Gamification: Getting children to spend more time learning

By combining learning with gamification, we have increased the amount of time a child spends learning by 300%

At a company making educational games, finding ways to get children to learn more is part of the spirit of our company. And one of our tasks is to find new ways to make children motivated. If a child is very motivated and is having fun, it is more likely that the child learns something.

How could we do this?
In our English learning game Mingoville English, we had a traditional word seach game.
word-search1This game is a classic in language education, as it teaches children how to recognize foreign word amidst a grid of random letters, improving their word recognition skills. Our task was to increase the number of words the children recognize, by playing the game. The more time the children spend playing, the more words they are likely to recognize.

By adding these four elements, we managed to do it:

  • Points
  • Time limit
  • Levels
  • Lives

Points
One incentative is by giving out points. The faster a child manages to find a word, the more points is awarded. Besides giving the child the instant gratification of being awarded by doing well, the points also let the child compete with itself and others.

Time limit
The time limit pressures the child to perform, basically. The child will try to find as many words as possible, before the time finally run out. The time limit also ties in with the next element.

Levels
For every four words the child finds, the game becomes a little harder. The time the child has available grows shorter. During the first level, the child has 30 seconds per word, but this steadily decreases. In the end, the child only has a few seconds to find each word.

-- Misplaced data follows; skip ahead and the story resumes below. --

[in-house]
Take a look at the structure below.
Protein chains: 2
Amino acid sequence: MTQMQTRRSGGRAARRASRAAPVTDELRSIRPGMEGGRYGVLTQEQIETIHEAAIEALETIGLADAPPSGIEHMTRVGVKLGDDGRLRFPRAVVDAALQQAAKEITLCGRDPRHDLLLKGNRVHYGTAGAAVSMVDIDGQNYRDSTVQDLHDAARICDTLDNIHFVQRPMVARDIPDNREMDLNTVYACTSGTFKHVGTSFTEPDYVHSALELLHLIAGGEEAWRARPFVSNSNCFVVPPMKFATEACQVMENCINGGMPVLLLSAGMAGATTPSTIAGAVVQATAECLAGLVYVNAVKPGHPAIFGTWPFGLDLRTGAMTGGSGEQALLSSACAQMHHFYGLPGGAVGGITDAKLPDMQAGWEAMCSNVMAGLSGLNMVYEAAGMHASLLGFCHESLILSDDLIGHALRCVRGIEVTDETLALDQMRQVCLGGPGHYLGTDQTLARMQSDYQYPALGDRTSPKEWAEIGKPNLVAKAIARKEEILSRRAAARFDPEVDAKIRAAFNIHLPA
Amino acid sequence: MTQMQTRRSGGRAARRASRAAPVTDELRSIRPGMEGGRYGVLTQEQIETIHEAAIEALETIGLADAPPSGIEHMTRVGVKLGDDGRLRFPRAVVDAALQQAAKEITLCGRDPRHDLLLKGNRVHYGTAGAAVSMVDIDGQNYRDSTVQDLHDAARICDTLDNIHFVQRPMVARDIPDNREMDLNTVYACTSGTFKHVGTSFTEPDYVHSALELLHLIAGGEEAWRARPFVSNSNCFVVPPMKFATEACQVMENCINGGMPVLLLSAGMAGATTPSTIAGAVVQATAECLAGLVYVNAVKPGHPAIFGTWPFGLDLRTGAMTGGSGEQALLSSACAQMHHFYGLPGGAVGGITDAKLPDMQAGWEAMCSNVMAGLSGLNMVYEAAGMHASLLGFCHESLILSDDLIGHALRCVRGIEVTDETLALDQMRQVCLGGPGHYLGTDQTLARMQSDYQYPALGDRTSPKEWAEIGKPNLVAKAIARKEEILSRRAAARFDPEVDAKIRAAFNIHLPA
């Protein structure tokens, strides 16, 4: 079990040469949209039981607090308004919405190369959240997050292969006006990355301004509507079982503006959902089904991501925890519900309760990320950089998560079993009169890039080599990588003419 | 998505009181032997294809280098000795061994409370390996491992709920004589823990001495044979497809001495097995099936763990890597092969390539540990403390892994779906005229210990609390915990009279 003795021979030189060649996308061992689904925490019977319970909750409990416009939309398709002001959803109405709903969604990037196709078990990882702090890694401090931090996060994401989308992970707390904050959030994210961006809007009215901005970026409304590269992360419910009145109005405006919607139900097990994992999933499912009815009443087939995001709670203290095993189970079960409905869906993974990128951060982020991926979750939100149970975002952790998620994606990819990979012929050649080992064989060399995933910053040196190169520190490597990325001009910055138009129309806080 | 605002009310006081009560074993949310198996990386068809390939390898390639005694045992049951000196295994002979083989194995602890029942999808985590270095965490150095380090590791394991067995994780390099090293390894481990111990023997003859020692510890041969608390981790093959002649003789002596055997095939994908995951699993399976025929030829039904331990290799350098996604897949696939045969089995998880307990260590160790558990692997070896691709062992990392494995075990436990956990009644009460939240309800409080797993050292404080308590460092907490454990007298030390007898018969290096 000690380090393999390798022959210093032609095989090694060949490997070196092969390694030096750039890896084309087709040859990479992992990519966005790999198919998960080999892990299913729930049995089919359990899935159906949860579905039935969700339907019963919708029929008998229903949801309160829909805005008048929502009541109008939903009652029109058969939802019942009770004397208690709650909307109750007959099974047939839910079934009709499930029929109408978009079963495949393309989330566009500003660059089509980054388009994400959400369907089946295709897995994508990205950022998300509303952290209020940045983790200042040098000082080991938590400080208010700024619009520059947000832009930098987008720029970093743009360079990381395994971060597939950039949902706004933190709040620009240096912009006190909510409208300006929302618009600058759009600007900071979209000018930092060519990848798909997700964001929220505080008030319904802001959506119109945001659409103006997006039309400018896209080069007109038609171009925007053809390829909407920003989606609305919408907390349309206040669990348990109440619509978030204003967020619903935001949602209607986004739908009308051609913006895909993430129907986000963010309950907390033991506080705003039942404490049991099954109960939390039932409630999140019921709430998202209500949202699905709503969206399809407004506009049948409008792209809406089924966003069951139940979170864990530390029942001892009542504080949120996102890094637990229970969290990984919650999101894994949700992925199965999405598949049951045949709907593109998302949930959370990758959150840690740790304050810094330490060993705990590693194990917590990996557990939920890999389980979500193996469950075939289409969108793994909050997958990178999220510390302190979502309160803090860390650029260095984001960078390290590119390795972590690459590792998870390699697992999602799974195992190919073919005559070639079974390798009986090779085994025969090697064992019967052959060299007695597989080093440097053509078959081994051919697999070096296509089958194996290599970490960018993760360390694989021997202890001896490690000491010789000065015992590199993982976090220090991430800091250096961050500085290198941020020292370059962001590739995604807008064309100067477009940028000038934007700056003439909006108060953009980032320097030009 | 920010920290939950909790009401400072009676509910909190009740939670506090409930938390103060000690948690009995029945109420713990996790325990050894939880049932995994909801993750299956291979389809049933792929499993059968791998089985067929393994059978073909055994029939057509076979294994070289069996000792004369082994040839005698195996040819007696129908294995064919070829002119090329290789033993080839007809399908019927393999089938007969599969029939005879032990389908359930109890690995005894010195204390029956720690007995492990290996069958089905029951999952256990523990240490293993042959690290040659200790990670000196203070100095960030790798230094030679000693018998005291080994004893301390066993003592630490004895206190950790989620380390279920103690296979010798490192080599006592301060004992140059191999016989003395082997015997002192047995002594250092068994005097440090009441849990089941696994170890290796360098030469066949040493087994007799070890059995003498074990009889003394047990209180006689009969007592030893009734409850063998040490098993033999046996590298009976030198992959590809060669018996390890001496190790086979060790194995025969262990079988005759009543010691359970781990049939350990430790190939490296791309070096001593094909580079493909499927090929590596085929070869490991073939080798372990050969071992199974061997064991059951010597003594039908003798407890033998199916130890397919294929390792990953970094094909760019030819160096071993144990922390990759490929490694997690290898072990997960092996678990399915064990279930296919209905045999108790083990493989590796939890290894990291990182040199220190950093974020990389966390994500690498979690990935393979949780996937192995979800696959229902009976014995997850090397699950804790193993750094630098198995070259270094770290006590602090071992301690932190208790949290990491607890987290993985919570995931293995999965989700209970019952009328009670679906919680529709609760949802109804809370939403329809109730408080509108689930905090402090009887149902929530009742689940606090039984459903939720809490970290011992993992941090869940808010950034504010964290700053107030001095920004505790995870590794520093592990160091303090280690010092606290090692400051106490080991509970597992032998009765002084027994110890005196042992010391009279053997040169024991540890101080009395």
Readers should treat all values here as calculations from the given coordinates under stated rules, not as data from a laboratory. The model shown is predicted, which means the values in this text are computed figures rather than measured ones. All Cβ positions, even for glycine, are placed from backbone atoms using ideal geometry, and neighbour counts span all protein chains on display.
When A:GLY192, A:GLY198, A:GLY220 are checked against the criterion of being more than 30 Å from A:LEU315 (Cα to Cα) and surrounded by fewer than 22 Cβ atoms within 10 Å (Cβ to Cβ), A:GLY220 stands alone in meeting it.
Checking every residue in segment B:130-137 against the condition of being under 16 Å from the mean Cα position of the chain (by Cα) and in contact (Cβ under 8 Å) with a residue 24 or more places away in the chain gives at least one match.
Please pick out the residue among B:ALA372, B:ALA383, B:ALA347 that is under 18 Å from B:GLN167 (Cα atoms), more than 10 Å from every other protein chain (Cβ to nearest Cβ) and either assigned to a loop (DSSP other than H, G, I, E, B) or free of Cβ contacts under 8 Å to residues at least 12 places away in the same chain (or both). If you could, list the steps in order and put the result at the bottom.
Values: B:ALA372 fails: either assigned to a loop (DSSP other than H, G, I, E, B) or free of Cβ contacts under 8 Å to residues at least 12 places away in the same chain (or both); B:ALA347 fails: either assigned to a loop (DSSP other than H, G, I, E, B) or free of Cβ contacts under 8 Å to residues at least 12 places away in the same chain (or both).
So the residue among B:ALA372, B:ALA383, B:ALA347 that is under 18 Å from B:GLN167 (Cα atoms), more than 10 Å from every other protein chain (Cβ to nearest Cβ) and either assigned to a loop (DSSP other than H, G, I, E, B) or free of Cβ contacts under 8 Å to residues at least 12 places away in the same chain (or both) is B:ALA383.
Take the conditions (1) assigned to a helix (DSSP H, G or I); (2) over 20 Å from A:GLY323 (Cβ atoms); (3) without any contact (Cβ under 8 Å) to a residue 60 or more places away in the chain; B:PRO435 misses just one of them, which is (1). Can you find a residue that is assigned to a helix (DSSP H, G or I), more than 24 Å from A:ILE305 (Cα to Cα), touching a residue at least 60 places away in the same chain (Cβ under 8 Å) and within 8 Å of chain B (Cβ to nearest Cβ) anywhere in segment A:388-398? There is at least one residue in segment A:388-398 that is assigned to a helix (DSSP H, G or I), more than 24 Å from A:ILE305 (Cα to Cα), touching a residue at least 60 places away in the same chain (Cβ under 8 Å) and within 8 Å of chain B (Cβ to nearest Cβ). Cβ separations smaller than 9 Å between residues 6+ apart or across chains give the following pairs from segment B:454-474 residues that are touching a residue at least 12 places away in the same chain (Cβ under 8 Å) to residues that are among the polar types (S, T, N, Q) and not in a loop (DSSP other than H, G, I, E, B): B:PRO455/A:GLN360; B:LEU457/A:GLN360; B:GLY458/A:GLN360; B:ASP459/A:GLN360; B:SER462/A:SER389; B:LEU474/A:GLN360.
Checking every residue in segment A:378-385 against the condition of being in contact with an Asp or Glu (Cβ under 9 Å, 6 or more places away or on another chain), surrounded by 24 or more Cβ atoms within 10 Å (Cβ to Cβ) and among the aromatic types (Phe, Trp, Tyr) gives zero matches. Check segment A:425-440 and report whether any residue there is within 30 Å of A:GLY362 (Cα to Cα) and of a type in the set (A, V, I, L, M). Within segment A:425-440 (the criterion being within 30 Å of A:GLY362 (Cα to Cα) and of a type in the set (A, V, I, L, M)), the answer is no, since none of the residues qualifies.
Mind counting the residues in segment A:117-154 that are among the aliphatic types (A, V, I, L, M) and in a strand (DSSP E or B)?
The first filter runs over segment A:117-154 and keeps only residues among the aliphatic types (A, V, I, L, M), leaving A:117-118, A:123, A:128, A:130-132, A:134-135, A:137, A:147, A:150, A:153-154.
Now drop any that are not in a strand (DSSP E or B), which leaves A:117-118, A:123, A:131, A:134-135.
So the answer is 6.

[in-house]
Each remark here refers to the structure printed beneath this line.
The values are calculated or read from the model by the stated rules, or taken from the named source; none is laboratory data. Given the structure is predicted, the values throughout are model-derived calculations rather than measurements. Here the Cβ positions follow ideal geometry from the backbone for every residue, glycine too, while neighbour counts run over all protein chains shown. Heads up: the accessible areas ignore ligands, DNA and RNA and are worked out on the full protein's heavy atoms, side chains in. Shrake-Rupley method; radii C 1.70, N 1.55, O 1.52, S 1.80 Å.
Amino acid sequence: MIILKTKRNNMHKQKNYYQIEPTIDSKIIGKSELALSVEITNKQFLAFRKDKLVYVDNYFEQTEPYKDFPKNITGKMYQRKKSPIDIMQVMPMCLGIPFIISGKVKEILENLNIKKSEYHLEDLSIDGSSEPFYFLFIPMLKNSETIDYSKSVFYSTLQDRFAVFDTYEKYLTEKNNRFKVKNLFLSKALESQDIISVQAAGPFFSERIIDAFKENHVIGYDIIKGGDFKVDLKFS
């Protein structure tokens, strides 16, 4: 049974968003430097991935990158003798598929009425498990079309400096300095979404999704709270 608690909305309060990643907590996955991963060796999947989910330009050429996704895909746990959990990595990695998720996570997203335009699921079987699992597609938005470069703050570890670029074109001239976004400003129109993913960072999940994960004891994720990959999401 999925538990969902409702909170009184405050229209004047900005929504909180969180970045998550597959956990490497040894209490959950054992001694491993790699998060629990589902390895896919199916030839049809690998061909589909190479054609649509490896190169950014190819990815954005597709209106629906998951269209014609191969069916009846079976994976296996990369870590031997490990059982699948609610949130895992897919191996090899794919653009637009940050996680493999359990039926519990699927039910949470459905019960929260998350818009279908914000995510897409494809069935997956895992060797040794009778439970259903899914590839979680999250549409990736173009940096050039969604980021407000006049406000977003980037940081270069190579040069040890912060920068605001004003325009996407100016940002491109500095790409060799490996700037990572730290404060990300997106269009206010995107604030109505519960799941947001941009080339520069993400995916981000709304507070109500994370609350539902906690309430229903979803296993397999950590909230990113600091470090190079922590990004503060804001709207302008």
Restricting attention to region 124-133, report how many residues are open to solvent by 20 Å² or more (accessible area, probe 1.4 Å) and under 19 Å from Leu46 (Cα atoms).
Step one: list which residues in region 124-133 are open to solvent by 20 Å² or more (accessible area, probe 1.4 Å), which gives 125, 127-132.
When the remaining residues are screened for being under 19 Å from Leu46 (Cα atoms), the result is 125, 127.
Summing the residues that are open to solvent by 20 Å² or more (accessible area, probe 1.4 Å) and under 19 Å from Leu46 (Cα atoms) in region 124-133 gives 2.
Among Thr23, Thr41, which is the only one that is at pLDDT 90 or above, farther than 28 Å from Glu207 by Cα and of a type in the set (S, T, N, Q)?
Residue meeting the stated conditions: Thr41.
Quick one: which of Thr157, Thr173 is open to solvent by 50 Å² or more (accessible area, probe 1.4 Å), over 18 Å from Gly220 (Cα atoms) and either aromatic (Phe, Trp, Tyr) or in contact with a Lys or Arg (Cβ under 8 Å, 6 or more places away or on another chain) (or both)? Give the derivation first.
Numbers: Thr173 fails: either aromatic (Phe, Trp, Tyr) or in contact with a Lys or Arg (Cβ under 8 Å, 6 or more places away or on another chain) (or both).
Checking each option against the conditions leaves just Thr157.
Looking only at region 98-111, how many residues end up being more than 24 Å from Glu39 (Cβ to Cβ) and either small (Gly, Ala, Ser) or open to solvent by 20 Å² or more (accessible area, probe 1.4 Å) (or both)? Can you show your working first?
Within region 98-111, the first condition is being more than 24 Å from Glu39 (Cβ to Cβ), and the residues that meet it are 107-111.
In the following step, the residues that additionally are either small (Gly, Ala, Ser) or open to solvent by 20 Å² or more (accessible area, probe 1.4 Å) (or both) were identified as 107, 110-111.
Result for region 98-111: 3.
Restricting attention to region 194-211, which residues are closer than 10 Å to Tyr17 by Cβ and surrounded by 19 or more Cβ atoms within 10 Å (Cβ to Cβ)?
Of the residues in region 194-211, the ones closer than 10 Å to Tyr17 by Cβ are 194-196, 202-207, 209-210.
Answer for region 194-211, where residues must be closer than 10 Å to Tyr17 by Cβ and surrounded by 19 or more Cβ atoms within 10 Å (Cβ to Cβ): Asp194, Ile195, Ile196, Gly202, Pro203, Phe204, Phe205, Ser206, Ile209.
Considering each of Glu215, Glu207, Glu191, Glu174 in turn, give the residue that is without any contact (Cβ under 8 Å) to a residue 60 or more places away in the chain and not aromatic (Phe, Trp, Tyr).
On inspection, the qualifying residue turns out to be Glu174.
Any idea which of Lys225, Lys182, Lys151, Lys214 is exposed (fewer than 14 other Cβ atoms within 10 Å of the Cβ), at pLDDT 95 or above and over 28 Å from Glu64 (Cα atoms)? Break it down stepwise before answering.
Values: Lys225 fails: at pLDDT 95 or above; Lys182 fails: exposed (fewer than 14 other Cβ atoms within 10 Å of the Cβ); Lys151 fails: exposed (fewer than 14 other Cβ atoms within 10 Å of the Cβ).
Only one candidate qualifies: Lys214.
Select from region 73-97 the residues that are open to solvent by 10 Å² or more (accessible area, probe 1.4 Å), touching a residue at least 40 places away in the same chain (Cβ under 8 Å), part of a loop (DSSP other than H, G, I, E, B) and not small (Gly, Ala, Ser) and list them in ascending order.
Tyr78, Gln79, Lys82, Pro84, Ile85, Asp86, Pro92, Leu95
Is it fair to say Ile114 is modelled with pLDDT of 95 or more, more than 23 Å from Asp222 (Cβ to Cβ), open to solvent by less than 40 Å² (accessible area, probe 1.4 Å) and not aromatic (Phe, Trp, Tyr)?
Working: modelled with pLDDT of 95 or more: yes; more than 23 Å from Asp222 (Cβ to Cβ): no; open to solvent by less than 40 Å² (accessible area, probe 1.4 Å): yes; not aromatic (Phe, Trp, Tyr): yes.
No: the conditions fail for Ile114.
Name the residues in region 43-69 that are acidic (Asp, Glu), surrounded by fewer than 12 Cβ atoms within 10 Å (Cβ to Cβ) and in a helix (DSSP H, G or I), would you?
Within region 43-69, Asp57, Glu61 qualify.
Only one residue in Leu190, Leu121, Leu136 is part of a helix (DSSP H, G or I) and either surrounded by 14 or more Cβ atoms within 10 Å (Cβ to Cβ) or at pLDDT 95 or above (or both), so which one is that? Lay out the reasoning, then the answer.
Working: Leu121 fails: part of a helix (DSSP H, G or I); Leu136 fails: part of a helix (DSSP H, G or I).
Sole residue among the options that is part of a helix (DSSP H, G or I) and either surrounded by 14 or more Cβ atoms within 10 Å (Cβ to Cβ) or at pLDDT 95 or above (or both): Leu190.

Lives
In the beginning of each game, the child starts with three lives. Every time the child fails to find a word within the time limit, they lose a life. Once all three lives has been spent, the game is over.
birdwordThe addition of these four elements has transformed the basic word search into a addictive game. Even parents playing the game are having fun, as the level progression, time pressure and constant battle for the high score makes for an enjoyable experience for all ages.

It is important to keep in mind that our goal with the game hasn’t changed. To train children in recognizing English words, giving them a better knowledge of the language. Nothing about the learning process has been compromised. However, by gamifying the exercise, we’ve been able to make it more approachable and make children spend up to 300% more time doing the exercise.
And by spending more time playing, the child spends more time learning. And that is the whole point of our vision.

Gamification in Education – Unveiling its Potential

Mashable recently published an intriguing article on the use of “gamification” in education, highlighting its success, which sits perfectly with Mingoville’s learning philosophy in creating our “learn-through-play” e-learning products that are used in classrooms in several countries today.

As advocators of (virtual) gamification in education, Mingoville embraces a learning philosophy where learning is both self-directed and learner-centered in designing our e-learning platforms – Mingoville English and Mondiso Maths – both have tasted success.

However, while Mingoville English and Mondiso Math universes both had gamification applied in their development process, we went one step further, and have found the success of our platforms to hinge on the high quality of animation characters and real voice actors.

Developing them, took over a million dollars but we believe it’s worth it. As it currently stands, our belief stems from understanding how gamification in education offers a holistic and cohesive learning approach as online learning materials are often fragmented and text-based.

Our cohesive and dialogue-based game design approach not only enables a learner to begin to take ownership of their learning at a young age but is also an excellent trigger for focus and for lifelong learning. True learning is often inspired, gamification in education can do just that.

Yet as one of the pioneers in virtual gamification in education, we say to reach the full potential of gamification, virtually at least, requires for game developers to pay attention to the quality of the multi-sensory experience in developing its equally high quality cohesive content.

Mashable.com: Does Gamification Help Classroom Learning?